How Do I File For Divorce In Arapahoe County, Colorado?

How Do I File For Divorce In Arapahoe County, Colorado?

How Do I File For Divorce In Arapahoe County, Colorado?Divorce in Colorado is formally known as dissolution of marriage. Here are the steps to take in filing for a divorce in Arapahoe County, CO.

Step 1. Fulfill Prerequisites.

Before you can file for divorce, you must first meet the residency requirement of Colorado. Either you or your partner must have resided in the state for at least 91 days. This doesn’t just mean staying in the state. It means having Colorado as your primary residence – for example, by having a Colorado driver’s license or being registered to vote here.

If you have a minor child, an additional residency requirement is that the child must have lived in the state for at least 182 consecutive days. If the child is less than six months old, they must have lived in Colorado since birth.

In terms of grounds for divorce, the only reason needed by Colorado law is that the marriage is “irretrievably broken.” When one spouse pursues a divorce, this is usually taken to mean that the marriage has reached this stage of brokenness. You do not have to prove that your spouse did something wrong (e.g. adultery, abuse, and so on). This is called a “no fault” divorce system.

Step 2. File Your Papers.

You must file your divorce papers in the county where you or your spouse resides. The Arapahoe County District Court is located at 7325 S Potomac St #100, Centennial, CO

Go to the court and ask to file for Dissolution of Marriage. You will be given a packet of forms to fill out. Complete these documents and file them with the clerk (filing fees apply). You can also download the forms online (divorce with no children and divorce with children).

Once you’ve filed the documents, you will be referred to as the Petitioner and your spouse, the Respondent. Note that the court may request more documents from you as the case progresses, such as a Sworn Financial Statement and a Separation Agreement.

Step 3. Serve The Papers.

“Service” in this context means delivering the initial divorce papers to your spouse so they are notified of the divorce petition and have a chance to respond. The documents must be served by a person of legal age who is not involved in the divorce. Make sure to get a Proof of Service once your spouse gets the papers. You must then have the Proof of Service notarized and submit it to court.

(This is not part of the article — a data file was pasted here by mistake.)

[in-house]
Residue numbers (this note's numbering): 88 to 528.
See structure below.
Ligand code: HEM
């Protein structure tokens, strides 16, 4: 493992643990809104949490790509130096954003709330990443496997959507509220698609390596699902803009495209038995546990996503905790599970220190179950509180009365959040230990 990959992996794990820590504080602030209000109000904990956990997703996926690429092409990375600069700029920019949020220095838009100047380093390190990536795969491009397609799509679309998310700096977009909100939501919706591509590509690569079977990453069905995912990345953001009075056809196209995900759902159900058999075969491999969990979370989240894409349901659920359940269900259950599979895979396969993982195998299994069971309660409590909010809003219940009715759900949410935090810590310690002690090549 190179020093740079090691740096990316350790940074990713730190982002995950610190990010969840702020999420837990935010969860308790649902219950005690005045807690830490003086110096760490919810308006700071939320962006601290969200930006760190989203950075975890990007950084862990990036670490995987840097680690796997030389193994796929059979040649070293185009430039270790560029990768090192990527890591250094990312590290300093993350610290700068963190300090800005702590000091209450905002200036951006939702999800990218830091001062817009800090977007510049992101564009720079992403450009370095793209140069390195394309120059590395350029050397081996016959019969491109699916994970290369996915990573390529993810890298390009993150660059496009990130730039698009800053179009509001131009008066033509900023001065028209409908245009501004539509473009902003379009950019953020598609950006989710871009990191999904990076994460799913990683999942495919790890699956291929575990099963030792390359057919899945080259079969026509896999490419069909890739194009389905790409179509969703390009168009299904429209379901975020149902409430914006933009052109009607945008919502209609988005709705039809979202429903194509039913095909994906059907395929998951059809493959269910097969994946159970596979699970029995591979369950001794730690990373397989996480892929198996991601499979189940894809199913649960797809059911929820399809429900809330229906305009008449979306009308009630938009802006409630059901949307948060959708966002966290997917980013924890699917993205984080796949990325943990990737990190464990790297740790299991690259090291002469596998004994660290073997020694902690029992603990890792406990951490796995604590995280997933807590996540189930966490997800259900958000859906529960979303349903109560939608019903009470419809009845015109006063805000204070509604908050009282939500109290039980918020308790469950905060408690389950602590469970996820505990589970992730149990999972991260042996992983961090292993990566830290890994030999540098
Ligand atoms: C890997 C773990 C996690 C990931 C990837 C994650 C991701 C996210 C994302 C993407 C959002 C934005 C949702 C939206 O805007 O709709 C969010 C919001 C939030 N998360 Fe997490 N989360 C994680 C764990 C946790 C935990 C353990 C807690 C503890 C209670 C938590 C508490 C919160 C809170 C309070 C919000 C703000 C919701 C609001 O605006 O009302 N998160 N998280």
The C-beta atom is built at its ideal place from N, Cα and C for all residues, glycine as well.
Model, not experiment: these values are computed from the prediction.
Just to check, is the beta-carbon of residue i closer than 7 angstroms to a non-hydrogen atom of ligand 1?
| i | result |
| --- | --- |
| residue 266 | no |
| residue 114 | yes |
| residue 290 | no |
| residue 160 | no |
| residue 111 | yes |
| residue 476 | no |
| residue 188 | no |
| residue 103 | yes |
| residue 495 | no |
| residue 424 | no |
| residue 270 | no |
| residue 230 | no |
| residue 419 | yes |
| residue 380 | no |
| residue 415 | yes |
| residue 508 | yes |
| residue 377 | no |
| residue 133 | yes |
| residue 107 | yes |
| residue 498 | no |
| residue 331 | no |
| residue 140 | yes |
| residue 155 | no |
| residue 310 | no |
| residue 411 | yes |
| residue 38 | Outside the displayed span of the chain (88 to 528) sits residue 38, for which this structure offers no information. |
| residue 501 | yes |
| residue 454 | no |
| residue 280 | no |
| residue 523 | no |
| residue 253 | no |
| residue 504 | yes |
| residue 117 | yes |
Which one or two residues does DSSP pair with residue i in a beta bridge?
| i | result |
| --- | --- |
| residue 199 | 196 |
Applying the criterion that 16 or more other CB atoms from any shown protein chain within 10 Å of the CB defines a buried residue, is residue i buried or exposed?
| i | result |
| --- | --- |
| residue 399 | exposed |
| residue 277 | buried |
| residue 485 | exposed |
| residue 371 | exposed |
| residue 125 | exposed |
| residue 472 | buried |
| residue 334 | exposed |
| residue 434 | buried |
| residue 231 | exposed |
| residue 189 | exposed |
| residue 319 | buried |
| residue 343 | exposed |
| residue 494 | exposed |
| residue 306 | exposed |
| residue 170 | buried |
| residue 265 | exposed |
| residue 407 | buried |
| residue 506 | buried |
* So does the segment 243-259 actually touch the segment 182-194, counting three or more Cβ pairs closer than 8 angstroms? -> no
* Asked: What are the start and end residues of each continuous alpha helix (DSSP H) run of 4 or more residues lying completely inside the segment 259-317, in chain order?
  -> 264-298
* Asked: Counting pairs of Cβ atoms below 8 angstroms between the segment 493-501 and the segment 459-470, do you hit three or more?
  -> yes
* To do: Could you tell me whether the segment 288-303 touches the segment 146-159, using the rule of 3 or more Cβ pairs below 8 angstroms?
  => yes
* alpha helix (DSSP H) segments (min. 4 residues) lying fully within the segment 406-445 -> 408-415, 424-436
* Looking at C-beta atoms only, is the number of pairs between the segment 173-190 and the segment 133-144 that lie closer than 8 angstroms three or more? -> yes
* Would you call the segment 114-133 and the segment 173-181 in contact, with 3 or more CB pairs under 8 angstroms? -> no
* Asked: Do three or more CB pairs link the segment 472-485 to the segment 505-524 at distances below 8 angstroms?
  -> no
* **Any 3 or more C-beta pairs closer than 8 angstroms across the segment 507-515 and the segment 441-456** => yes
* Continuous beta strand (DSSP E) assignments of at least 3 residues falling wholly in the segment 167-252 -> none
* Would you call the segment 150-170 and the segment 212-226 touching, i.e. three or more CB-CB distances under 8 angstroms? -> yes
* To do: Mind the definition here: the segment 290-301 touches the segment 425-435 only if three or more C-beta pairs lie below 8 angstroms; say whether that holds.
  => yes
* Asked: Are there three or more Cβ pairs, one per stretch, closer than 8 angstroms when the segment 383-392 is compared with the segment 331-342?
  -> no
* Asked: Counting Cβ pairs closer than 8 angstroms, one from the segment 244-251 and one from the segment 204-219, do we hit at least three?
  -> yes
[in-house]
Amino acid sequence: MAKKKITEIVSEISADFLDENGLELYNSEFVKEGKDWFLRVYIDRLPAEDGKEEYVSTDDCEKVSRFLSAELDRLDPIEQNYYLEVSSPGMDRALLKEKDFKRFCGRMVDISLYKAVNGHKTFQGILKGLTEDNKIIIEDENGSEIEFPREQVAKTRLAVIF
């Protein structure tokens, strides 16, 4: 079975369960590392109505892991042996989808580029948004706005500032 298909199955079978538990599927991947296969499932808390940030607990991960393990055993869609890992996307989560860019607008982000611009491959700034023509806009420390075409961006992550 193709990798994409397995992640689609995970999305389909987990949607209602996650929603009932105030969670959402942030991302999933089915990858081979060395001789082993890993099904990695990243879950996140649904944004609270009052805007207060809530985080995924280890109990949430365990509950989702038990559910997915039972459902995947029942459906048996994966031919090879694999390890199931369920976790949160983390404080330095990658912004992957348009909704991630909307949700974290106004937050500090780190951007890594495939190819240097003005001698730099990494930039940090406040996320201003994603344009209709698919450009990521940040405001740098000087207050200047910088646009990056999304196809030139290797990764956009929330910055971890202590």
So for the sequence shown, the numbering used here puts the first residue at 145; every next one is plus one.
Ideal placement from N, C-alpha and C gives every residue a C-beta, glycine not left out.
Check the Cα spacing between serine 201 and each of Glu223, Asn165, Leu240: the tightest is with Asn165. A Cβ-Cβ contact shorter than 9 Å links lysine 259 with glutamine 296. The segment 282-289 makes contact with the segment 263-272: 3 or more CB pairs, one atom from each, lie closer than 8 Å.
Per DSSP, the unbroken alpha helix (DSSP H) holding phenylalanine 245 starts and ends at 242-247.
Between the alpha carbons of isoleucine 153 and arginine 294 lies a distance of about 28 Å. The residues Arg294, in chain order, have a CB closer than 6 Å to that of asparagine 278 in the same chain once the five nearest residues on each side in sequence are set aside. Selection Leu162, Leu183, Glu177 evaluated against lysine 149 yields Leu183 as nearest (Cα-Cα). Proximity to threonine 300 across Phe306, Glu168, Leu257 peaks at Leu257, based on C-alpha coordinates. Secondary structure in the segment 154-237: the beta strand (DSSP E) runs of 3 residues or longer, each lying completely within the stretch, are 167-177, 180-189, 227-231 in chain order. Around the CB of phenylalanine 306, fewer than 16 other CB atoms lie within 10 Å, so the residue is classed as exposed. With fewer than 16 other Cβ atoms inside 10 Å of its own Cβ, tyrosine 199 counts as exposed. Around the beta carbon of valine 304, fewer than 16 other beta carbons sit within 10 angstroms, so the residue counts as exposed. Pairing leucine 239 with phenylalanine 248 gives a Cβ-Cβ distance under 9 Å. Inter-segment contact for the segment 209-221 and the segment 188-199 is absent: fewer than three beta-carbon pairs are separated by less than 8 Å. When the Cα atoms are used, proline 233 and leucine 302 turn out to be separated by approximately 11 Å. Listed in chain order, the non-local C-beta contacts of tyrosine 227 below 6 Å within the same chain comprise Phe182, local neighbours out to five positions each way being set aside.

Once your spouse has been served, they have 21 days to formally file their response (35 days if they are out of state). If they don’t respond in time, the court could likely grant everything you are requesting in your divorce petition.

Step 4. Attend The Status Conference (And Parenting Class).

The Initial Status Conference is a meeting with the court where the divorcing parties present the situation. This is not a hearing, so the judge does not have to decide on anything yet. This is simply the court’s ‘first look’ into the case.

If you have children in the marriage, Colorado requires you to attend a parenting class by a court-approved provider. You can find a list of Arapahoe County parenting class providers here.

Step 5. Attend The Hearings.

If both you and your spouse agree on all aspects of the divorce, the initial status conference will be followed by a final hearing where your divorce decree is entered and your marriage is officially terminated.

But if the status conference reveals disagreements between you and your spouse, the court may schedule a contested hearing. A vast majority of divorce cases are contested, with common disputes on property division, alimony, child custody, and child support. In the contested hearing, you and the other party may present your respective sides of the story. You have to show a solid case if you want the judge to decide in your favor in any of the disputes.

Before the contested hearing date arrives, you may also be required to attend mediation. This is an out-of-court process that tries to resolve disputes with the help of an independent mediator. Family courts are now more likely to require mediation for divorcing spouses, as this method of dispute resolution has many benefits and helps wrap up cases faster.

Consulting with a Lawyer

Each divorce case is unique, and very often, specific family circumstances affect the case proceedings. To know how your Colorado divorce may proceed, talk to us at Goldman Law by calling (303) 656-9529. Our knowledgeable and experienced attorneys can guide you on your best steps and most favorable options.

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